The Hall Effect: Transducer Geometry
Geometry is not the easiest of subjects to understand, but it does have a very large amount of impact when it comes to the workings of a Hall Effect transducer, or sensor. If you can get the geometry just right, you are standing yourself in good stead to create and use the best transducer possible. This of course gives you better readings, and powers your device/equipment much more effectively as a result.
The type of geometry used when designing a specific Hall Effect device really does have a big say on its general performance, and how suitable it is for use in a particular piece of equipment. Like many characteristics that work hand in hand with creating a high quality transducer, sensitivity, offset, and power consumption are some of the most important. The correct geometry and positioning will ensure that the characteristics are used to their greatest level.
A good way to explain this is to use a rectangular transducer/slab as an example.
In this type of transducer, a uniform sheet for the current is connected by bias (direct current) electrodes that run across the device width-wise. The sensitivity level of the transducer is therefore proportional to the amount of current in total which runs through and passes the electrodes in the sensor. Current flows throughout, but the electrodes in the wide bias form create a path of low resistance, and this works to short-circuit the Hall voltage present.
This is all down to the geometry at work.
Creating a high amount of sensitivity is therefore important, and this is proportional to the geometry at work within the transducer.
A good way to avoid common problems, such as end terminal shorting, is to use a pattern in a cross shape, because this means that the input resistance is on the rise as it moves across the length of the criss-cross pattern. The geometry here is not fantastic, in terms of getting the best amount of sensitivity, but it does cut down on the end terminal shorting issue.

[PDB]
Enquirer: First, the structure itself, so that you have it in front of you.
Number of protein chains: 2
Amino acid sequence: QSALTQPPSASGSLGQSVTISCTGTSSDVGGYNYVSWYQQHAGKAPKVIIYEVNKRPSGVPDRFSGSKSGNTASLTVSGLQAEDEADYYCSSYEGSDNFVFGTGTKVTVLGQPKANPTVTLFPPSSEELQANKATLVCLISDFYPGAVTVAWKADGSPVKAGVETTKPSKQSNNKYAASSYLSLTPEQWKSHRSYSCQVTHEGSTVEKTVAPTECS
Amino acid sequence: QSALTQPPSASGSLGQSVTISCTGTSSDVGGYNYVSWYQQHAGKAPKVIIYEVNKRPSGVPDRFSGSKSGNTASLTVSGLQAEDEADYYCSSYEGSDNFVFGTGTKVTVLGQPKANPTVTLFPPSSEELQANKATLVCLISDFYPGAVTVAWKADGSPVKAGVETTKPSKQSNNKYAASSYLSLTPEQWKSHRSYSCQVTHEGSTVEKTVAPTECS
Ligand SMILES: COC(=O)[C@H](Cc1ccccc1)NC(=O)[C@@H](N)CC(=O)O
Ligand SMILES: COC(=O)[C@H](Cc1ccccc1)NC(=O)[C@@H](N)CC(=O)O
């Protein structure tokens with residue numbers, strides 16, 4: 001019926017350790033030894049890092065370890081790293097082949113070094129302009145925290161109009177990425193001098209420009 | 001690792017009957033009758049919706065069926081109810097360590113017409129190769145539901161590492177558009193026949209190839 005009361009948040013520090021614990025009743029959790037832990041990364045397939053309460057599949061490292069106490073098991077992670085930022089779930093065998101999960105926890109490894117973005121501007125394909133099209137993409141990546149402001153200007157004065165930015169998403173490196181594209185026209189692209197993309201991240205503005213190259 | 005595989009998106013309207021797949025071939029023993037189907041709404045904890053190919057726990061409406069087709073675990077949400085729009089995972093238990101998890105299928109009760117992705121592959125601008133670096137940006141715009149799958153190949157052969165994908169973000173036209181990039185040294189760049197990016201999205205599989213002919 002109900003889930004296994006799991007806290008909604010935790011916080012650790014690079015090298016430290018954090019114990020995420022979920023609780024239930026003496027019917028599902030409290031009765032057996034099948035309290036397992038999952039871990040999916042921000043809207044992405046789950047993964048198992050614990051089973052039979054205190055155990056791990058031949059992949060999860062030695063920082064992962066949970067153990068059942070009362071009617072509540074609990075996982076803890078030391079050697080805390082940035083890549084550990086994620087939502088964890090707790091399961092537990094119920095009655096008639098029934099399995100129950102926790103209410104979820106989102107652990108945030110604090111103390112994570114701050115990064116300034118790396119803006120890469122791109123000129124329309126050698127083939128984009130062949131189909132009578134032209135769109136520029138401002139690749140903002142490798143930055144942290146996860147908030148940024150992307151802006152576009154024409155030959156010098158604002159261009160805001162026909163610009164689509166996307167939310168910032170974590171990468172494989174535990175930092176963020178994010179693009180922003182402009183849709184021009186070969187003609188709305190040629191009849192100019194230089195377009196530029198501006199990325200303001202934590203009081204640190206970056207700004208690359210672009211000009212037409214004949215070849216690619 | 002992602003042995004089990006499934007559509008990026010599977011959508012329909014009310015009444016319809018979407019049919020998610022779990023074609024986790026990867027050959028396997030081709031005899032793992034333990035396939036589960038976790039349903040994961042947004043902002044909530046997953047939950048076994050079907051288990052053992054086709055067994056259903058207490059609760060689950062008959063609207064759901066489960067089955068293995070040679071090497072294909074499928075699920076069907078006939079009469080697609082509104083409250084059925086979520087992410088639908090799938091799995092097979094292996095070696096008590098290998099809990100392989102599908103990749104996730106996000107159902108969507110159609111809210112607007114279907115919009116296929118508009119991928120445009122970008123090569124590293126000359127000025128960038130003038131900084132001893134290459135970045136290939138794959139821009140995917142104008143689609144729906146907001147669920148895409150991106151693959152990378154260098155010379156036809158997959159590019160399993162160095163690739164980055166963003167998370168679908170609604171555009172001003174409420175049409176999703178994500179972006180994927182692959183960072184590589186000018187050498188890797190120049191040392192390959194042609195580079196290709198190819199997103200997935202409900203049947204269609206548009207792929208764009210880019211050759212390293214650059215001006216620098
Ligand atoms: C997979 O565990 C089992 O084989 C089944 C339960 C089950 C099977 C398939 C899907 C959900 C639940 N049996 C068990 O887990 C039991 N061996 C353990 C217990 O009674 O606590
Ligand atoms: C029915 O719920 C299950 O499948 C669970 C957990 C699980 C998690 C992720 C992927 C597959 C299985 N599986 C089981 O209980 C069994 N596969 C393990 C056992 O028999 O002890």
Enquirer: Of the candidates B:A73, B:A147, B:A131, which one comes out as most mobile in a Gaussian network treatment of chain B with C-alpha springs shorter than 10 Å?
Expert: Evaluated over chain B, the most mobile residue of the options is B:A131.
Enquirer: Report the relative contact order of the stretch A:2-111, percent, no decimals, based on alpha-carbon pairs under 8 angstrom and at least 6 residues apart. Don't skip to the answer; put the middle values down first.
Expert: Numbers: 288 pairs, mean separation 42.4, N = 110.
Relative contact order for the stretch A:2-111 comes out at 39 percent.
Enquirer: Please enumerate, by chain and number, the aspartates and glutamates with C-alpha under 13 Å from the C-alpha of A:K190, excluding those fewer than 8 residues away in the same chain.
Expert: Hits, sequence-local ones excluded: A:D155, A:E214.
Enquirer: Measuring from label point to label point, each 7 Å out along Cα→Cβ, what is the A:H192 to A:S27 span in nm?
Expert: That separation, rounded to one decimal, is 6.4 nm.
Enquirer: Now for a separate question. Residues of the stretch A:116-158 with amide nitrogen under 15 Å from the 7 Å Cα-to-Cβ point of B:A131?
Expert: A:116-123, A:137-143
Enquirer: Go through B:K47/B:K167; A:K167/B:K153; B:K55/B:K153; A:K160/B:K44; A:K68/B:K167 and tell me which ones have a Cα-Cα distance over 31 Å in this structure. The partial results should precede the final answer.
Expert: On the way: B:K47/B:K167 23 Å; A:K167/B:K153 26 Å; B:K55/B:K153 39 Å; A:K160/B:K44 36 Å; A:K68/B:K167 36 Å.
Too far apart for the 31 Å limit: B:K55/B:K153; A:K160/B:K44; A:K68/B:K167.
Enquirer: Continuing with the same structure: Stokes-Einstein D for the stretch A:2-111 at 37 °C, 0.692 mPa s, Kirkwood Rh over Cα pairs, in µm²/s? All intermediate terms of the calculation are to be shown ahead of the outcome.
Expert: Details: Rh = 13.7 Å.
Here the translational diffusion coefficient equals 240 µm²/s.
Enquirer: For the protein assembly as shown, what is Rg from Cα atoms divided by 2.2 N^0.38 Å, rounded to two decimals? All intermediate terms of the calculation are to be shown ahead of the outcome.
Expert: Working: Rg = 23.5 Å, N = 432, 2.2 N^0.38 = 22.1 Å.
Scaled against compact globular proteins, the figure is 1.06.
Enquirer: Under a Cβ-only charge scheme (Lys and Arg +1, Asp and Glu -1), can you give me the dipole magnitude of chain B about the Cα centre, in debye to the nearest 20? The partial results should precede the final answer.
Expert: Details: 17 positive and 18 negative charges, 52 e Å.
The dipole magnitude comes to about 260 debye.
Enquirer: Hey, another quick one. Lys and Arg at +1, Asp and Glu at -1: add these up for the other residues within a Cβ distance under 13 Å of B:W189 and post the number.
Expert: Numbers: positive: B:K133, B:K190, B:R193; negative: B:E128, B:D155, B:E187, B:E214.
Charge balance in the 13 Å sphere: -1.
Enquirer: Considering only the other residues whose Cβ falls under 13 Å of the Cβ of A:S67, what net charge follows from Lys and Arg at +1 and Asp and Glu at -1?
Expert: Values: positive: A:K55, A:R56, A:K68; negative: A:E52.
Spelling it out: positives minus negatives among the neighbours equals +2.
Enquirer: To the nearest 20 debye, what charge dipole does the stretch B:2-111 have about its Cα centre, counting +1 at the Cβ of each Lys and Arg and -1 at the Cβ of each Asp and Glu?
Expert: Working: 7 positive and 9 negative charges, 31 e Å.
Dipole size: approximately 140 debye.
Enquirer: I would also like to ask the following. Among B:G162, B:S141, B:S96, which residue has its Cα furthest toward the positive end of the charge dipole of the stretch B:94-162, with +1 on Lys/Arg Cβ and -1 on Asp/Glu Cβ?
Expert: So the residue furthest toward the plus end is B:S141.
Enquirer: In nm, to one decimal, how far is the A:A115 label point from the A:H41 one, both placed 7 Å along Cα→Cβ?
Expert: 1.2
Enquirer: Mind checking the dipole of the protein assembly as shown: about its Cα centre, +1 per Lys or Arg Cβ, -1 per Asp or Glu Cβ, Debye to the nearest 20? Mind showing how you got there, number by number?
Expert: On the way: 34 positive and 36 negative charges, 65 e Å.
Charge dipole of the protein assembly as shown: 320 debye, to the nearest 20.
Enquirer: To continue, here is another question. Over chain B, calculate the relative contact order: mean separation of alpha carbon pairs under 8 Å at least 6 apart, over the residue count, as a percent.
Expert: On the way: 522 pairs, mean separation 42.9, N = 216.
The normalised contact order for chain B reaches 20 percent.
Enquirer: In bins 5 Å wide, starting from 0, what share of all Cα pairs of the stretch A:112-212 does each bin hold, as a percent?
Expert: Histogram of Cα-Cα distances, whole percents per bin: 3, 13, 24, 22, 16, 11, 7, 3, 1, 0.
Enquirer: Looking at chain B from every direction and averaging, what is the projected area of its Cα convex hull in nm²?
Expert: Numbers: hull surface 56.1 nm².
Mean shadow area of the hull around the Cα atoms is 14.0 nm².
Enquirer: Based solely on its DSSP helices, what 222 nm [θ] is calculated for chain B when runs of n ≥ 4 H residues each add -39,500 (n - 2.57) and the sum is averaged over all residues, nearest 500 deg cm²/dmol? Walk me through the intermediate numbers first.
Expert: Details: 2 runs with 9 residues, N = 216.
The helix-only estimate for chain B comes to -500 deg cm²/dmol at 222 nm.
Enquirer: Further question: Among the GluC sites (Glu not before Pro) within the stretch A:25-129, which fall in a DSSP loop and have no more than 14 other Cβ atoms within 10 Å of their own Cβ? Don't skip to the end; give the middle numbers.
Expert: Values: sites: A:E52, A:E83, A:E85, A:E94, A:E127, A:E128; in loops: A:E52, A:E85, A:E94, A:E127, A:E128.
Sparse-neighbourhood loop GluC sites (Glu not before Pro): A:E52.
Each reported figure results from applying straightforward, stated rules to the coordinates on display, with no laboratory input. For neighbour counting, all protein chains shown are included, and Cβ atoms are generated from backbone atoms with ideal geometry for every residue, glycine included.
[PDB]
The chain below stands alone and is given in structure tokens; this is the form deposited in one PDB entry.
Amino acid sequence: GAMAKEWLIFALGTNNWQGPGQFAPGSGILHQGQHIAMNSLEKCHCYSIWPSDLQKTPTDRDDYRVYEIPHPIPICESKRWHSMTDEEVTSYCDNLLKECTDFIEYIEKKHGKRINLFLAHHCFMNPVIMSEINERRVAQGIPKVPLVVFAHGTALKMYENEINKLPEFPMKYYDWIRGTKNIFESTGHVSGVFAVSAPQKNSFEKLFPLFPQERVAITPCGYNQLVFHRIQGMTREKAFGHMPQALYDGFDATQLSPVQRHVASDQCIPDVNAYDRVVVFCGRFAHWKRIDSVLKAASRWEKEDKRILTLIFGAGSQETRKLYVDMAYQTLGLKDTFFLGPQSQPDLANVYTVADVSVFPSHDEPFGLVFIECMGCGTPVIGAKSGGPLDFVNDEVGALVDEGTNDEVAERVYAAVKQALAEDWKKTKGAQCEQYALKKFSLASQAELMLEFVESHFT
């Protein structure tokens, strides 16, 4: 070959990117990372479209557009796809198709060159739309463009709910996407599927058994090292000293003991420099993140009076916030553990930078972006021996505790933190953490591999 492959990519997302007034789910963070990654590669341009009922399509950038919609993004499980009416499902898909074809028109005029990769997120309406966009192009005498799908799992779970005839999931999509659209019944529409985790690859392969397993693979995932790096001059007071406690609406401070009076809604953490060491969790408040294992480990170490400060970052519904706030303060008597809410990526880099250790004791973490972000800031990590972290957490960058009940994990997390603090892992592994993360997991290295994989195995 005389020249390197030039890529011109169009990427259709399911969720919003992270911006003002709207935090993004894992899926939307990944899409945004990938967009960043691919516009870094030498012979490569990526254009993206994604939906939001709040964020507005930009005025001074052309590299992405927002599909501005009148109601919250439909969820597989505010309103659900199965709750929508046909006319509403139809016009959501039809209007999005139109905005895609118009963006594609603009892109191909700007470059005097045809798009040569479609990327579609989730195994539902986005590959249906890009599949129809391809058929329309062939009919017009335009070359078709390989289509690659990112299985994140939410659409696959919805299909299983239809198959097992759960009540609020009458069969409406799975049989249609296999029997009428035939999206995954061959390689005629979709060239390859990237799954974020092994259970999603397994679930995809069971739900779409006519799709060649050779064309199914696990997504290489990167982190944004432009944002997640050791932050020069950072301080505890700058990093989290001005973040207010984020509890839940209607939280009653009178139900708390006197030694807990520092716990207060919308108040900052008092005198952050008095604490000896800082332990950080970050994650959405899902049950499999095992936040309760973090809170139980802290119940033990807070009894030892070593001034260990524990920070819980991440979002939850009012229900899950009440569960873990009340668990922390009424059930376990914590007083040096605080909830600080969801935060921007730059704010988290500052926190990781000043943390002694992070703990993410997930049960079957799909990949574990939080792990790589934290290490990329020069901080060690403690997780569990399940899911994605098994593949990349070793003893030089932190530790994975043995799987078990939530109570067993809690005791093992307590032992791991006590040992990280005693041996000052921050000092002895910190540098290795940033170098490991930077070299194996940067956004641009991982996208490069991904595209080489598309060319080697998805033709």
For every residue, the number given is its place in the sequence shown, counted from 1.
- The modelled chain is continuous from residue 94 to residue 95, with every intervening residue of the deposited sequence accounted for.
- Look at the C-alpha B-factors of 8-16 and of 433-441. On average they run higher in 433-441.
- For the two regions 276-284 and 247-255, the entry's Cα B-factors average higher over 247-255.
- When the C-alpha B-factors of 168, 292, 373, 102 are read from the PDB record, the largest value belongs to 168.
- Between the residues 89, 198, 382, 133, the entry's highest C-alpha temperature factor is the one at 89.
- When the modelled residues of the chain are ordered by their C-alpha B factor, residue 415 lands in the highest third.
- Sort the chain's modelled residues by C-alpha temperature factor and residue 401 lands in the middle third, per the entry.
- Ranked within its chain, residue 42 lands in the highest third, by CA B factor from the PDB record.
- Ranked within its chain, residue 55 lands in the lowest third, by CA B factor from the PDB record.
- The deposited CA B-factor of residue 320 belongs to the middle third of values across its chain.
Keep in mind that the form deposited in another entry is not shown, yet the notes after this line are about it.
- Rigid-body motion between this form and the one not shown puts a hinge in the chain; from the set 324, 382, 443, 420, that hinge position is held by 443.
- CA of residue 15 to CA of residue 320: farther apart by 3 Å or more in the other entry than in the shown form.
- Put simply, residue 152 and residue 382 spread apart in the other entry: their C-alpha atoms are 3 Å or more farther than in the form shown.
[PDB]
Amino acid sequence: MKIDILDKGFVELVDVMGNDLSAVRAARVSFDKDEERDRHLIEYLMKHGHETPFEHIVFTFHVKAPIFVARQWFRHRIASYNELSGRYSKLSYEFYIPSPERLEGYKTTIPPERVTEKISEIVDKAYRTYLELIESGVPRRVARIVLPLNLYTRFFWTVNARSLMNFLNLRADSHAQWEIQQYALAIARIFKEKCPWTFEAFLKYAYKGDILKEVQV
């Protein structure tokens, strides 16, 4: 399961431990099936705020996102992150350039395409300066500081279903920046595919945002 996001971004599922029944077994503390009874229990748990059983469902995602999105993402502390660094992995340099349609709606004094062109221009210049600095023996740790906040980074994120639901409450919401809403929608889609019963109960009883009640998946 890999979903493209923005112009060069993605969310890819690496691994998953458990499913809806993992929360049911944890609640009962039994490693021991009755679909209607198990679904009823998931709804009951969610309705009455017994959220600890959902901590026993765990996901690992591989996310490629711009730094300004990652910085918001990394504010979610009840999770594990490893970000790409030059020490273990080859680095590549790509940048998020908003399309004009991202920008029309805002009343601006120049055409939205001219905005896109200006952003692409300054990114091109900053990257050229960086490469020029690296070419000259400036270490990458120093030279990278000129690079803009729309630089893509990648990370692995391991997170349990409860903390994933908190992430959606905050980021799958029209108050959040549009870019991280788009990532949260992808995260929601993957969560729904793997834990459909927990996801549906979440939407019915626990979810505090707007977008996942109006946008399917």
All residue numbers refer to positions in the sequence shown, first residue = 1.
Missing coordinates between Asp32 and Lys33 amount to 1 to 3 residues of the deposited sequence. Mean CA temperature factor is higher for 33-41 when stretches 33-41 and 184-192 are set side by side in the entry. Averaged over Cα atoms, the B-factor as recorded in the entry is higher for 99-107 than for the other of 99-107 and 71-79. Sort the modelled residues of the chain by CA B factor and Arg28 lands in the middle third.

Another option is to use a Hall Effect transducer in a diamond shape. This is because all the terminals are points, and not straight lines. This means that the current moves through the device at different levels and speeds, in order to reach the points. This doesn’t optimise sensitivity fantastically, as with the former method, but it does allow the flow of current to move freely, and the voltage corner gradients are lower. This means that there is less ohmic offset issues, because of misalignment.
As you can see, geometry is a subject that is certainly not an easy one to learn, but in terms of creating and using a Hall Effect transducer that is high quality, it’s important to use and learn geometry in the best possible manner. Designers therefore become experts in the geometry field, in order to maximise sensitivity wherever possible, and cut down on any shorting issues, i.e. large amounts of ohmic offset.
We know that Hall Effect transducers are used in a huge variety of different pieces of equipment, some which are mainstream, and some which are industrial. Even smartphones these days make use of this very complicated, but highly efficient form of electricity measurement. When it comes to measuring magnetic fields, it’s important to get every particular area right, and that includes geometry.
For this most scientific of subject areas, it’s best to keep it as simple as possible. Whilst there are countless descriptions we could get into, using a rectangular or diamond shaped transducer design is the best way to take full advantage of geometry’s rewards.